Revisiting of Empirical Zero Intelligence Models
Abstract This paper describes a zero-intelligence approach implementation for the modeling of financial markets. We construct a mechanism of order flow and market engine simulation. We analyze stylized facts to estimate the quality of our models. The research is based on a 1 month order and execution history data of the Moscow Exchange (MOEX) for one stock (JSC “Aeroflot”).
Keywords Daniels model • Market microstructure • Mike-Farmer model • Order flow • Stylized facts • Tail exponent • Zero-intelligence models
JEL Classification G15, G17
Agent-based models play an important role in understanding the mechanisms of financial markets driven by the advances in technologies that allow the creation and calibration of complex and very detailed models. An adequate replication of the mechanism of the price formation in those models is of the same or greater importance than the replication of the behavior of the agents. As first shown in Daniels et al. (2003), zero-intelligence (ZI) agent models are able to reproduce statistical regularities of the market with the Continuous Double Auction (CDA). ZI models are based on the hypothesis that the behavior of all agents can be described by random order flow with empirically estimated parameters. We studied the implementation of a ZI model on the Russian market. We reconstructed Daniels and Mike-Farmer versions.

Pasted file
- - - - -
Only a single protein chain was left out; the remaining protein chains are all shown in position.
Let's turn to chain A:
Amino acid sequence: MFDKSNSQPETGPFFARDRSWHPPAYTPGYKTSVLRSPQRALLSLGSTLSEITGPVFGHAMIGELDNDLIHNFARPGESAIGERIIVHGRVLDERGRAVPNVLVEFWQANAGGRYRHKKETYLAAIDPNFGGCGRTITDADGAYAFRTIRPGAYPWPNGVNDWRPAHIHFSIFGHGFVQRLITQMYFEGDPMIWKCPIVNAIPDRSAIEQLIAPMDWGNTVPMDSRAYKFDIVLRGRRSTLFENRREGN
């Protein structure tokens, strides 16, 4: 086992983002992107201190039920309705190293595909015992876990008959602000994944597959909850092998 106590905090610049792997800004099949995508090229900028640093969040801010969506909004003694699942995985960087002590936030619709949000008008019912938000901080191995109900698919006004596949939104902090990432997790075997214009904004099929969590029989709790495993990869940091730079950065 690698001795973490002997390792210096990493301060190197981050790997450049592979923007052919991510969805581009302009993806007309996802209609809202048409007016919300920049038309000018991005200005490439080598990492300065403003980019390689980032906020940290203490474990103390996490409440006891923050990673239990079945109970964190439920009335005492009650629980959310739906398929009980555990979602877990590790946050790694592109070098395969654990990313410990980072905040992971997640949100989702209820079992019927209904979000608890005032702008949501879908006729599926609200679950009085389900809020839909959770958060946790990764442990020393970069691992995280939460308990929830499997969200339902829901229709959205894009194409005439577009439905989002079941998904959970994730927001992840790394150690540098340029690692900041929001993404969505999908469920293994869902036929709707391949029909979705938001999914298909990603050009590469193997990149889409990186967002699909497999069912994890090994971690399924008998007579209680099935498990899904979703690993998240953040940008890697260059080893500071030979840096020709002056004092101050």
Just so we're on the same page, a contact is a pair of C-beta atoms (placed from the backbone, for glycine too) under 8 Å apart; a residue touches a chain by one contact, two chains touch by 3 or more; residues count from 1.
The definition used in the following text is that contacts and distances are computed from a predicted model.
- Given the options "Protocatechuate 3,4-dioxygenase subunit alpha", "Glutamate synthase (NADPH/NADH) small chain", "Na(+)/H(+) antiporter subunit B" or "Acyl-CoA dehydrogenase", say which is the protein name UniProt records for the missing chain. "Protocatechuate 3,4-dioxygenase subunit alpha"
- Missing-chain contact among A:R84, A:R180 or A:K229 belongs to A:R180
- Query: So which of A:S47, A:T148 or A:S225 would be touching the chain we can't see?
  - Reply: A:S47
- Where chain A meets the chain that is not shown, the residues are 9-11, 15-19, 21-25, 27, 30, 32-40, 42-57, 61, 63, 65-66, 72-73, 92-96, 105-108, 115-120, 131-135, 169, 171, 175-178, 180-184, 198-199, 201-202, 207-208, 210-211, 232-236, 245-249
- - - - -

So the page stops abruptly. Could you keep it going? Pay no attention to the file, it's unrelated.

After the description of Farmer and Daniels models, we try to change some details in the model and compare all our models with the real market.
V. Arbuzov (H)
Department of Economics, Prognoz Risk Lab, Perm State National Research University, Perm, Russia
A. K. Bera et al. (eds.), Financial Econometrics and Empirical Market
Microstructure, DOI 10.1007/978-3-319-09946-0_____ 3
Our study is based on detailed market data, which includes the order history (order log) for Aeroflot stock (AFLT). Aeroflot is the largest Russian airline company and its equity is referred to as blue chip and is included in the MICEX index. During the observed period (21 trading days) there were, 2,765,074 orders which arrived and 31,572 which were executed (15,786 trades). Over this period, 15.3 million stocks were bought and sold yielding a 779.4 million ruble (approximately $26 million) turnover. All the data comes from the Moscow Exchange and is based in Perm State National Research University clusters (Computer cluster for reverse engineering, agent-based modeling and market microstructure researches of the Russian capital market). Most calculations were made using statistical environment R (Core Team R 2013). For calculations of the best bid and best asking prices from the order flow we used an Rcpp package with low-level programming.